Discover Moorish Spain from Lanjaron – Chapter 2
Lanjaron is an ideal location at the edge of the Sierra Nevada, and apart from the journey to Granada, is within easy range of many different attractions – plus the spectacular scenery of course.
Niguelas is a pretty village, well cared for with narrow cobbled streets although we regularly had to dash into doorways to avoid cars and bikes. Our visit was on Sunday, so there were lots of families out in the unseasonably hot sunshine, relaxing after church and enjoying the very pleasant main square.
Our walk was certainly steeper than we all expected, reaching the levada path around the side of the mountain a touch out of breath! But once up there, this was a clear pathway, mostly level then down across a muddy stream and stepping stones to finish the circular walk back into town. We visited the fascinating 12th century olive oil mill, the oldest in Spain, now a Museum. You can still see the outside enclosures for each family to bring their olives for crushing by the medieval stone grinding wheel. As with many old processes, the wheel was pushed and pulled by a man and a mule, grimly known as the blood wheel as the effort of pushing it made the hands bleed.
Three of us were brave enough to climb down two very steep steps to peer at the 19th century water-powered wheel below, and couldn’t believe that a small man had to crawl further into this hole to repair or unblock the wheel. There were also two huge presses made from local pine, the mash sewn into hessian plates (like sack cheeses for cider making) to produce the first pressing of virgin olive oil. The second pressing adds water so the oil is more inferior, mainly used for fuel or lantern oil. Bit difficult to follow the description in Spanish, but Ursula gave us a sensible translation so that we got the gist of it.
Still in the village of Niguelas, we were fortunate to visit the “secret garden” of Herr Mueller, beautiful formal gardens laid out in 19th century French style as well as featuring earlier Moorish elements. Herr Mueller came to greet us personally, and to show us around his lovely garden before enjoying a tapas lunch with wine and beer – what a pleasant way to spend an afternoon! We saw the famous ancient Chestnut tree and even in the quieter growing months of November, the gardens are worth a visit. They also offer facilities for celebrations in the gardens and civil wedding ceremonies. What a glorious setting in the Lecrin Valley.
In contrast to the vast scale of the awe-inspiring mountains of the Sierra Nevada, the coastal plains are rich in diverse agriculture with a hot, sunny “micro climate” climate that earned it the name of the Tropical Coast. It was amazing how many different types of tropical fruits are grown here, although our guide admitted it was becoming more like a poly-tunnel town each year. We were even more surprised to find sugar cane was grown here before it was introduced to the West Indies, though most of the production has been scaled down now. A local family still produces rum here – Ron Mantero – and we were happy to sample a glass of their speciality, a very thick rich chocolate drink with added rum. An excellent combination that must be tried again at home, I think.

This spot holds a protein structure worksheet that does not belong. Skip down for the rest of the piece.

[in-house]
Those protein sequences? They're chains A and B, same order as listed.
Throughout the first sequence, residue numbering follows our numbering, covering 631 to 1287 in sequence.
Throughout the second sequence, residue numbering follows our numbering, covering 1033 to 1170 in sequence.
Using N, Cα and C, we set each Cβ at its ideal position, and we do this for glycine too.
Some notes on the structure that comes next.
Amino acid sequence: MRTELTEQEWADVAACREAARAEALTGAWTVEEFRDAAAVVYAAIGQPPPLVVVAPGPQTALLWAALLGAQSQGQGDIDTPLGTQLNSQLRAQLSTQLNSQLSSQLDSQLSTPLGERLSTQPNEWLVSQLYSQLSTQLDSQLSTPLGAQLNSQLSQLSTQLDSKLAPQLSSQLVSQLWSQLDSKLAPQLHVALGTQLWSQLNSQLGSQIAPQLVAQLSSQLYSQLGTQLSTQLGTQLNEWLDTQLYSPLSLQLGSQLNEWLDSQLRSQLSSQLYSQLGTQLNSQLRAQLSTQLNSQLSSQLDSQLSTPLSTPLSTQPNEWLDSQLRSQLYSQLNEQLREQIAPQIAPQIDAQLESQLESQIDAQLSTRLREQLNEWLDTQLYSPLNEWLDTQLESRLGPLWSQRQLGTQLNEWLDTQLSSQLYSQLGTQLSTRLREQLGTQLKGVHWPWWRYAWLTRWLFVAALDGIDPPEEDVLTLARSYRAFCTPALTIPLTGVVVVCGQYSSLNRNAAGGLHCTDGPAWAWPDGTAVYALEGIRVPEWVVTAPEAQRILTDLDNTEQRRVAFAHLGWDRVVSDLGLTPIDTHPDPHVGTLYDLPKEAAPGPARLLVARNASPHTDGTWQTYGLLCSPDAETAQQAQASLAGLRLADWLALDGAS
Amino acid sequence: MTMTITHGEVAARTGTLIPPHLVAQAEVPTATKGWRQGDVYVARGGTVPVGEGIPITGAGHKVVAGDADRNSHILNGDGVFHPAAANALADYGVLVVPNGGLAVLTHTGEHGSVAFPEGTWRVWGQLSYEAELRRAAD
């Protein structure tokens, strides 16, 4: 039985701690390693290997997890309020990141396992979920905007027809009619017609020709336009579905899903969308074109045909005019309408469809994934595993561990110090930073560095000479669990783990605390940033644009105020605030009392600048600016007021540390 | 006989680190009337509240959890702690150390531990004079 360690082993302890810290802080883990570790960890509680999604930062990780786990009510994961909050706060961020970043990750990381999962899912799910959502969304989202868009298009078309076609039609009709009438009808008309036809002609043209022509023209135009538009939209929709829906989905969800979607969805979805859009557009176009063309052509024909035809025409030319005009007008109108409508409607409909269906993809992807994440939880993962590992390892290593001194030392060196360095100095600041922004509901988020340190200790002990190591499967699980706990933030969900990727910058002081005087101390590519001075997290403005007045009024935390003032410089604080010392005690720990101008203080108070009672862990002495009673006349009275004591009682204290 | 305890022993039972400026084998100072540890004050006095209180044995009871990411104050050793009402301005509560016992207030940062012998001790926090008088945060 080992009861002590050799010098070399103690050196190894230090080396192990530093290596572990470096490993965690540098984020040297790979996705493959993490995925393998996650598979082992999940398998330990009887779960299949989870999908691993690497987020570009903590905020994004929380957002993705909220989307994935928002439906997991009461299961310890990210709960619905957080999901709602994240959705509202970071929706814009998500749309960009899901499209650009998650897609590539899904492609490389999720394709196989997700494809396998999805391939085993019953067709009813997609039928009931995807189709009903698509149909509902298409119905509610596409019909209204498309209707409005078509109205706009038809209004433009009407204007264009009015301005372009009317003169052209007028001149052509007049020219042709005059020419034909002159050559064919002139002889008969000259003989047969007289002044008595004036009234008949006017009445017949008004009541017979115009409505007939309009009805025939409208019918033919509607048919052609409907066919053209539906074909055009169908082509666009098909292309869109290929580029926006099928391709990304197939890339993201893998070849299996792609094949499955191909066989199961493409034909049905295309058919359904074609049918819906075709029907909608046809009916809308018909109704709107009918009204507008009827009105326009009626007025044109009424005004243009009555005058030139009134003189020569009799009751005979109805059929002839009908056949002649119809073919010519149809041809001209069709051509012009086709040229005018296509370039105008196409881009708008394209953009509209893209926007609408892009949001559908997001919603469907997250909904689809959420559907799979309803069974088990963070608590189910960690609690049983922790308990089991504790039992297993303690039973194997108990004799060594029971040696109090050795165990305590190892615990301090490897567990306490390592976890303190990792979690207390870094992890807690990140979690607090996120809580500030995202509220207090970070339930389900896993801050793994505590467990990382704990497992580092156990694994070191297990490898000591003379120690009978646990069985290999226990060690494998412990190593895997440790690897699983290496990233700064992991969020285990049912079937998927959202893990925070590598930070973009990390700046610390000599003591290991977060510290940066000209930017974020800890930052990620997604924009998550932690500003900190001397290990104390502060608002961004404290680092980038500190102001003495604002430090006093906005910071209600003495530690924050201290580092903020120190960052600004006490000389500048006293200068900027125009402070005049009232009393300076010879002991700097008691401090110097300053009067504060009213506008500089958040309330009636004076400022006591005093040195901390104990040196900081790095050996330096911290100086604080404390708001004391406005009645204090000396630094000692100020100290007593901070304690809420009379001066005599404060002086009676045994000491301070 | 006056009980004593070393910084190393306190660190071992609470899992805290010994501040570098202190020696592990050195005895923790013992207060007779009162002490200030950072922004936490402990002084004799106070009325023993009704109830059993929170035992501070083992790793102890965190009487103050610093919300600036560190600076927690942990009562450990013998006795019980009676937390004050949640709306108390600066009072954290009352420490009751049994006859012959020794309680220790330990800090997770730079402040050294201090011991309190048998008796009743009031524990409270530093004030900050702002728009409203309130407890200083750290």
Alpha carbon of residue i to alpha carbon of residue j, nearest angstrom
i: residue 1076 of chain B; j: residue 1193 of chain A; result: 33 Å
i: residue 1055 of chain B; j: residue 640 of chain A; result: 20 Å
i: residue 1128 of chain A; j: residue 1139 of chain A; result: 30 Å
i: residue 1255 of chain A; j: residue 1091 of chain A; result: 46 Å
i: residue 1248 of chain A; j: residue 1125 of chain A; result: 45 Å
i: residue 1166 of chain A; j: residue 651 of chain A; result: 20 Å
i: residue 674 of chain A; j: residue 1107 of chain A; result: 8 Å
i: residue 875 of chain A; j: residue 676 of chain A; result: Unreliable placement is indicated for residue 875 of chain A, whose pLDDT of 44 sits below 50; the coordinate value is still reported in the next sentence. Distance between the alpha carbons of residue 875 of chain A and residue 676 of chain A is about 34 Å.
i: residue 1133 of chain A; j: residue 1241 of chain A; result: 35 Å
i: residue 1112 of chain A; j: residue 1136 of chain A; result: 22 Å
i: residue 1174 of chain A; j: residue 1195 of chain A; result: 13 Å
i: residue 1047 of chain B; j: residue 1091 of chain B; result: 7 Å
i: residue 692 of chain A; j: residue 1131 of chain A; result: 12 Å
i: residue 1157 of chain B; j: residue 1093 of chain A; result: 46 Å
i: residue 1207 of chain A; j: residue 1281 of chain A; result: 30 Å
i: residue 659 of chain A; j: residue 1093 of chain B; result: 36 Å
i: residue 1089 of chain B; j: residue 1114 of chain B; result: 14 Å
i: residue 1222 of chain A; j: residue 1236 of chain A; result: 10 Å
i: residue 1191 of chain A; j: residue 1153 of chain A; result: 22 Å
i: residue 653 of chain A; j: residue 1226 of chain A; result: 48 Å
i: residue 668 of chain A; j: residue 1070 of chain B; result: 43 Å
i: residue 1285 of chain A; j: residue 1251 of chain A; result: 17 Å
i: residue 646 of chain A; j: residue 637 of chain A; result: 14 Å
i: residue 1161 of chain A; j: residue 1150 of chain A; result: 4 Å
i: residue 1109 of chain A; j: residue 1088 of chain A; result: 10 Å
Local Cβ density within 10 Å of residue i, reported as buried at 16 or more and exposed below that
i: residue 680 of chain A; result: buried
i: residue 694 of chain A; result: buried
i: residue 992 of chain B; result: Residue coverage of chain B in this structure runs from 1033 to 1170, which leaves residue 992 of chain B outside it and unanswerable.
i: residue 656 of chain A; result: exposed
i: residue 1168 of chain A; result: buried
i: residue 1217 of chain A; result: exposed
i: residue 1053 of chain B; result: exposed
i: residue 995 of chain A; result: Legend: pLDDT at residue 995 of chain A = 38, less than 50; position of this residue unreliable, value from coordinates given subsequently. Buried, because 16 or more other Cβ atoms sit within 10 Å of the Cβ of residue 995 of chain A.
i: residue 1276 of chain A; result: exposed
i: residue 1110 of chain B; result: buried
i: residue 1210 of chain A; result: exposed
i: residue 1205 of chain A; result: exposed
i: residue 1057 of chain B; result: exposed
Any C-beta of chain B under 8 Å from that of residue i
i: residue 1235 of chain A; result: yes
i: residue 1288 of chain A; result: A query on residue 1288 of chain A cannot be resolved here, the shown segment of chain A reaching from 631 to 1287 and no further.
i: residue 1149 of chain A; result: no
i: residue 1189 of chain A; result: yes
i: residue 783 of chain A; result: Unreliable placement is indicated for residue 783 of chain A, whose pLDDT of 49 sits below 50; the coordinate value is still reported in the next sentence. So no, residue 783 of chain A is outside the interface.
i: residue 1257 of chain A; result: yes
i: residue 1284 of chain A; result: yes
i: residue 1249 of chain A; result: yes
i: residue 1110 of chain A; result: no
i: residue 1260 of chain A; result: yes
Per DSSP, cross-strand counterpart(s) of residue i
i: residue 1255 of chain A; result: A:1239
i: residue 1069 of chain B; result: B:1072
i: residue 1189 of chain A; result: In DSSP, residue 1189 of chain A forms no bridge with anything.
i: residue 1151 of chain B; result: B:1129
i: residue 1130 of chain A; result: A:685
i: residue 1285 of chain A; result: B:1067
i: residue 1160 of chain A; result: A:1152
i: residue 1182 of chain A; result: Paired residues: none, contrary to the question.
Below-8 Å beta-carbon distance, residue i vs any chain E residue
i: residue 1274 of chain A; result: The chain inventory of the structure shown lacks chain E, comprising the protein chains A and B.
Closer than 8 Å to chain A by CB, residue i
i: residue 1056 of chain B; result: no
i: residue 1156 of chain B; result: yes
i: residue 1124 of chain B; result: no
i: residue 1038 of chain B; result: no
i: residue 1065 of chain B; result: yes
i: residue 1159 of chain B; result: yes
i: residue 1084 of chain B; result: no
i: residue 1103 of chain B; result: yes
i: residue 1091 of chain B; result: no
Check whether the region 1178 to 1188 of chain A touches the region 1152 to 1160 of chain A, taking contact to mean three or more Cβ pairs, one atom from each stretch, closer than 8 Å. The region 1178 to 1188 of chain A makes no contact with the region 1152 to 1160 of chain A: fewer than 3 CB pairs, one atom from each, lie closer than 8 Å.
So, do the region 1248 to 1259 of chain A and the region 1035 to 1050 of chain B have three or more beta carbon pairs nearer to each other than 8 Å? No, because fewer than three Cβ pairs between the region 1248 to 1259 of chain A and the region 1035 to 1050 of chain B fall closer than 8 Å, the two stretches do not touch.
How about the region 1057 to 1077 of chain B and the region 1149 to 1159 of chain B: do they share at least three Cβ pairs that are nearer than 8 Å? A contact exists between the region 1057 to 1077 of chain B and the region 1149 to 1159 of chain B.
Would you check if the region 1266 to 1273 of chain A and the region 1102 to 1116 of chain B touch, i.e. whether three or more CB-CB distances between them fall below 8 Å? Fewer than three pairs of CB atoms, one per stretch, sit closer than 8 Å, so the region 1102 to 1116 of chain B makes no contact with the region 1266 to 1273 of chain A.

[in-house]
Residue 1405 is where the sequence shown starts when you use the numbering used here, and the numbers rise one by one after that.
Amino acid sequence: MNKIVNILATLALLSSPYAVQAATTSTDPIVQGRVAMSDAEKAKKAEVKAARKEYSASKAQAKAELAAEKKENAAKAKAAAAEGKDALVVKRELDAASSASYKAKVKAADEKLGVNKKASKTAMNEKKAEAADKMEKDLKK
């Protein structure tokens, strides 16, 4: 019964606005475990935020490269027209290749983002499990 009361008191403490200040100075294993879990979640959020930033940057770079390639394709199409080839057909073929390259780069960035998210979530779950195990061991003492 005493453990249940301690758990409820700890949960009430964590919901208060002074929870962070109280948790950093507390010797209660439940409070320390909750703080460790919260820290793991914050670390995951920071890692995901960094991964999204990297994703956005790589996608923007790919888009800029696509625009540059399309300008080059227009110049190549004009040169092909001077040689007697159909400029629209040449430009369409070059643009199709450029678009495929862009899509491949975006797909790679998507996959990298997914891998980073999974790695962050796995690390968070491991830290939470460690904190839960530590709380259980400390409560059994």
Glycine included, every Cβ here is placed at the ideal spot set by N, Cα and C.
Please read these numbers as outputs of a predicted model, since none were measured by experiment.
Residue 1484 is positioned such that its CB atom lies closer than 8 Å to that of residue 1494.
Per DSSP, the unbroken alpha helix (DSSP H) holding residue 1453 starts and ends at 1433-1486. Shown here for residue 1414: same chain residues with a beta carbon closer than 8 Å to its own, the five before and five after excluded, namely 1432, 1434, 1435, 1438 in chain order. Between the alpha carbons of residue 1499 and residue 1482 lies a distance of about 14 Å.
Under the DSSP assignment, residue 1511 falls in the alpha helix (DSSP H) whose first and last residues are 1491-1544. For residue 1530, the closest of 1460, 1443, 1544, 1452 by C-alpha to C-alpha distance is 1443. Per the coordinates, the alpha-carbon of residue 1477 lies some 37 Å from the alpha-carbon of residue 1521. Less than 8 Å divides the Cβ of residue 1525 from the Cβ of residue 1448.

The scenic walk we took started at the higher point of the Best Western Hotel (and their loo facilities), followed the coastal path south where possible (recent storm damage meant some sections were closed), with clear views out to sea as well as fascinating views of the some of the exclusive houses overlooking the coast, albeit some of them teetering dangerously on the edge where there is clear evidence of coastal erosion. It is an extremely steep climb up to the 10th century Moorish castle standing guard over the white-washed houses of Salobrena, more challenging than previous walks especially over the old uneven cobbles, but unfortunately the recent storms had also caused damage to the Castle so it was closed to visitors for safety reasons. We were very disappointed, but we stopped to eat the little nibbly bits we had brought with us before setting off down steps to the sea-side village itself.
Although many small shops and cafes are now closed for the winter (November), we soon cheered up when we reached El Penon Restaurant right on the beach front of Salobrena. In a fantastic setting under the shady umbrellas, with bright sunshine and the sea lapping the beach nearby, we sampled their superb food and white Rioja – very drinkable! There is a great range of starters and mains to choose from, all reasonably priced and freshly prepared. Sardines – wow! You could see them being cooked on the wood-burning barbecue, the delightful smoky fresh smell drifting up as they were presented to us. Other choices were just as delicious – seafood soup, a huge Spanish Omelette, and tuna salad – and as 3 of us shared a bottle of the white Rioja, we were having such a relaxing time it seemed only fair to have another bottle.
You can tell how good a restaurant is by the number of locals who use it and this was certainly a popular place with large groups of family and friends. We all decided that this would be a perfect location for a few days’ holiday away from the bustle with then added bonus of a superb restaurant open all year round.
Silver Travel Advisor recommends Adagio Holidays
- Read Gateway to the Sierra Nevada with Adagio Holidays – Part 1
- Read Gateway to the Sierra Nevada with Adagio Holidays – Part 3